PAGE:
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WinMX World :: Forum  |  Discussion  |  WinMx World News  |  FACT: Farcical Approaches to Copyright Transgressions

Author Topic: FACT: Farcical Approaches to Copyright Transgressions  (Read 695 times)

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Offline DaBees-Knees

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FACT: Farcical Approaches to Copyright Transgressions
« on: June 28, 2009, 07:57:52 pm »

Saturdays, I get up late (around 5:00 am instead of 3:30  ), drink a coffee before instead of during, don’t visit the sites I usually visit to see what’s happening, and check my email after — sometimes way after –  instead of first thing. So I hadn’t seen John Doe’s email when I was writing Google and Bing, copyright infringers, a post wondering if there’s any real difference between Google, say, and The Pirate Bay, say; and, if not, why isn’t Gargoyle being sued for facilitating supposed unauthorised file sharing, but TPB is?

Says John Doe’s email, “ operators under attack in UK.  UK-FACT was unable to get criminal charges filed against SurfTheChannel.”

Unofficially, FACT stands for Farcical Approaches to Copyright Transgressions. Officially, it’s Federation Against Copyright Theft, a(nother) Hollywood spin outfit.

“Some of you will be old hands at the piracy process and will know it’s all gone online, but they all stem from the same source,” Eddy Leviten told people at a spin presentation sponsored by FACT and Warner Brothers Entertainment, Europe. He’s FACT’s UK factotum and, it’s all down to camcorder copies, he told his audience. Even though Hollywood insiders are responsible for many, if not most, of the immaculate digital copies of feature movies which show up on the P2P file sharing networks. You know. Like Wolverine.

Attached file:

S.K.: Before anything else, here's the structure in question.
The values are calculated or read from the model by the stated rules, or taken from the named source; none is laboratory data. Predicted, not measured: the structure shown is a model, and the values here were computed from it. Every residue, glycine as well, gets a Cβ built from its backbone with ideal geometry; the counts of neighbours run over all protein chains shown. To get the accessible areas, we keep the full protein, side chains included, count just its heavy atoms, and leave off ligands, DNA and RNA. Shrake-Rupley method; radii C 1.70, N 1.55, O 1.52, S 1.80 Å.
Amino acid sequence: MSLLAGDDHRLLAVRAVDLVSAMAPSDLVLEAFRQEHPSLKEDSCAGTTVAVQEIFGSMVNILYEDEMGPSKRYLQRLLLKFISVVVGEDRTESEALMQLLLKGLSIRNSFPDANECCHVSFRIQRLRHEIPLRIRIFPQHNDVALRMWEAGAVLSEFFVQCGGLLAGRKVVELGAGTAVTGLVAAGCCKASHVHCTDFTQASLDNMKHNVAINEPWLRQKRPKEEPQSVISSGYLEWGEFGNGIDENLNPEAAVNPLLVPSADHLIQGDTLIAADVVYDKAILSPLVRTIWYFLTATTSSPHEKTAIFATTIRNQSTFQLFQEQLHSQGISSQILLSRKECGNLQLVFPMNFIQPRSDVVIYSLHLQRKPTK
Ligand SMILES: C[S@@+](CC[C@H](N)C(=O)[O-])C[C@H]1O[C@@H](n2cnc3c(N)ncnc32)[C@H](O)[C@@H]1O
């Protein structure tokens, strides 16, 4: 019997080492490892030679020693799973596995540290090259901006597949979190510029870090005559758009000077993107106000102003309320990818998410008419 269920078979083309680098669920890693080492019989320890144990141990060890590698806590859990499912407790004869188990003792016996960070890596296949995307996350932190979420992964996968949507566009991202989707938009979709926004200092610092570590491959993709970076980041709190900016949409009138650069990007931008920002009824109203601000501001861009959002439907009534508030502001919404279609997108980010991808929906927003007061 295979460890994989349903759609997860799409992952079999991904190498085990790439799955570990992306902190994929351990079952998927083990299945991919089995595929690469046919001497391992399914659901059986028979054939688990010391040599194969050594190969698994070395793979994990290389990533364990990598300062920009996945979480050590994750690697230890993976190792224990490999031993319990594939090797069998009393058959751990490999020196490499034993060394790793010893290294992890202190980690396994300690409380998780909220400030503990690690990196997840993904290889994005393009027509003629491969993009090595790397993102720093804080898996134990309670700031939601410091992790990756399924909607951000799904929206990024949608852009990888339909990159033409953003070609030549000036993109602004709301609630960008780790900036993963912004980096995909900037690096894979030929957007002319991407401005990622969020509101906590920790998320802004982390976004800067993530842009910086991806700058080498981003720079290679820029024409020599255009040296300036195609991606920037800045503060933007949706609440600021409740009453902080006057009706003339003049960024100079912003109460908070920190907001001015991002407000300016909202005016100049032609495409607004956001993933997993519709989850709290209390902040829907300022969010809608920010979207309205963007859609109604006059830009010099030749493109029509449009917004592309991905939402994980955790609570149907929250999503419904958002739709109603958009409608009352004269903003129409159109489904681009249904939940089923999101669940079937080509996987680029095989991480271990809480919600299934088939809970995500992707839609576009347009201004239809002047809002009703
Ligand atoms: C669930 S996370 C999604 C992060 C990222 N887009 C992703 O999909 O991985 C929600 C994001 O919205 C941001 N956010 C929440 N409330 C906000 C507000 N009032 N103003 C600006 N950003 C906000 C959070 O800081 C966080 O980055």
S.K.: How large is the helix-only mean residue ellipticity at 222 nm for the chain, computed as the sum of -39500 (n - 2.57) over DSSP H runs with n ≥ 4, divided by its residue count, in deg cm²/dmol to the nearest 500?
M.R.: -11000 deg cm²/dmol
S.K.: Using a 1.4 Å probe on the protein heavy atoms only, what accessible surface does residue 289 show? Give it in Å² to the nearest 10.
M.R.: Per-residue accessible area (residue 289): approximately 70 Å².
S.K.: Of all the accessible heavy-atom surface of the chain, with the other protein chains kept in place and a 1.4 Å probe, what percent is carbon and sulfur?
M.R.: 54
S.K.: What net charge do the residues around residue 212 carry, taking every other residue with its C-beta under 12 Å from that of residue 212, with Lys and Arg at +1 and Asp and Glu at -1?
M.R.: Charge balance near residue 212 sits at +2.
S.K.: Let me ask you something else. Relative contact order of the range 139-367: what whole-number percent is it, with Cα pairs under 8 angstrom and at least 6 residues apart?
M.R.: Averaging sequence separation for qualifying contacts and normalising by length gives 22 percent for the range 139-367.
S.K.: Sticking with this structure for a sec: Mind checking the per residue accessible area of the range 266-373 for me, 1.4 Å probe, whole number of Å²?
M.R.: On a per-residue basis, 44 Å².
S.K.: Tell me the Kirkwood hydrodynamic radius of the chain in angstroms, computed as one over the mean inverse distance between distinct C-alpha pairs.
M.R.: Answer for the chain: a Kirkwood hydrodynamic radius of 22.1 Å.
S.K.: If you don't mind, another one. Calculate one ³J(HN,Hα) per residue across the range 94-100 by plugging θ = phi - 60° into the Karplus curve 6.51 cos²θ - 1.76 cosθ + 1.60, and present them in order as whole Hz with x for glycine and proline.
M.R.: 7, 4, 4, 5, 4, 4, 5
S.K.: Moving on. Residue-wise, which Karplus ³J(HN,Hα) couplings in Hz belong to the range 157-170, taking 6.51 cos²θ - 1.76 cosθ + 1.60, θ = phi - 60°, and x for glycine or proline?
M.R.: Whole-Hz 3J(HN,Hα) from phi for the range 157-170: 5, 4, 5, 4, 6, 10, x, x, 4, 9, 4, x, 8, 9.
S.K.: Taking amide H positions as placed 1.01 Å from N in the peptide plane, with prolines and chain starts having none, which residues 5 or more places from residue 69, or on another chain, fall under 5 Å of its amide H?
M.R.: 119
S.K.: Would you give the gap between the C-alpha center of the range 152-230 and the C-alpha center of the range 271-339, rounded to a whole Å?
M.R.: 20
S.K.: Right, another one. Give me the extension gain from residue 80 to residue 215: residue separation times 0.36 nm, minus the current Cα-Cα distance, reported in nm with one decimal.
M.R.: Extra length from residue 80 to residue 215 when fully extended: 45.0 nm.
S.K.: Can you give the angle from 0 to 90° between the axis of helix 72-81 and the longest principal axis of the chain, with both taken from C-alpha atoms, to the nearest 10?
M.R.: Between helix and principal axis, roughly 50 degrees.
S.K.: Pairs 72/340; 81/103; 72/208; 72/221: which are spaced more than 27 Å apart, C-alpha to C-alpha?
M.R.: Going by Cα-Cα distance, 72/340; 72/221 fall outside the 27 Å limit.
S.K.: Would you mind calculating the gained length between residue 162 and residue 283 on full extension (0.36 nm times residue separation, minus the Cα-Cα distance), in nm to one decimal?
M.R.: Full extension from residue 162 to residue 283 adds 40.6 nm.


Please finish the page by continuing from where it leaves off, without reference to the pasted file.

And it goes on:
In the SurfTheChanne civil case, says John Doe, quoting Mike Masnick in TechDirt, “once again, a judge is going to have to determine why a third party website can be guilty of others’ infringement based on a highly subjective ‘I know it when I see it’ set of reasons”:

In his post, Mike states »»» I’ve had a lot of trouble with courts around the globe pinning blame on search engines for what they find, using a questionable interpretation of the law for “contributory” infringement or “inducing” infringement. Such things leave open such a wide spectrum of questions, it basically puts any search engine at risk. People have questioned in the past why Google isn’t targeted the same way The Pirate Bay or Torrentspy were, because functionally they’re doing the same thing: they index information and help people find it. Of course, some will say that The Pirate Bay is somehow guilty because of the way it acts towards copyright holders, but since when has attitude changed whether the same action is legal or illegal?

Either way it’s beginning to feel like judges are determining what is and what is not contributory infringement in the same way “obscenity” is determined, using Justice Potter Stewart’s famous “I know it when I see it” test. This is a bad thing, because while some may claim the extremes are clear (which is certainly questionable) there’s a large gray area in the middle that is completely unclear. And having a huge unclear gray area means a lot of potential liability on innovators — leading fewer people to innovate. And that’s undeniably bad.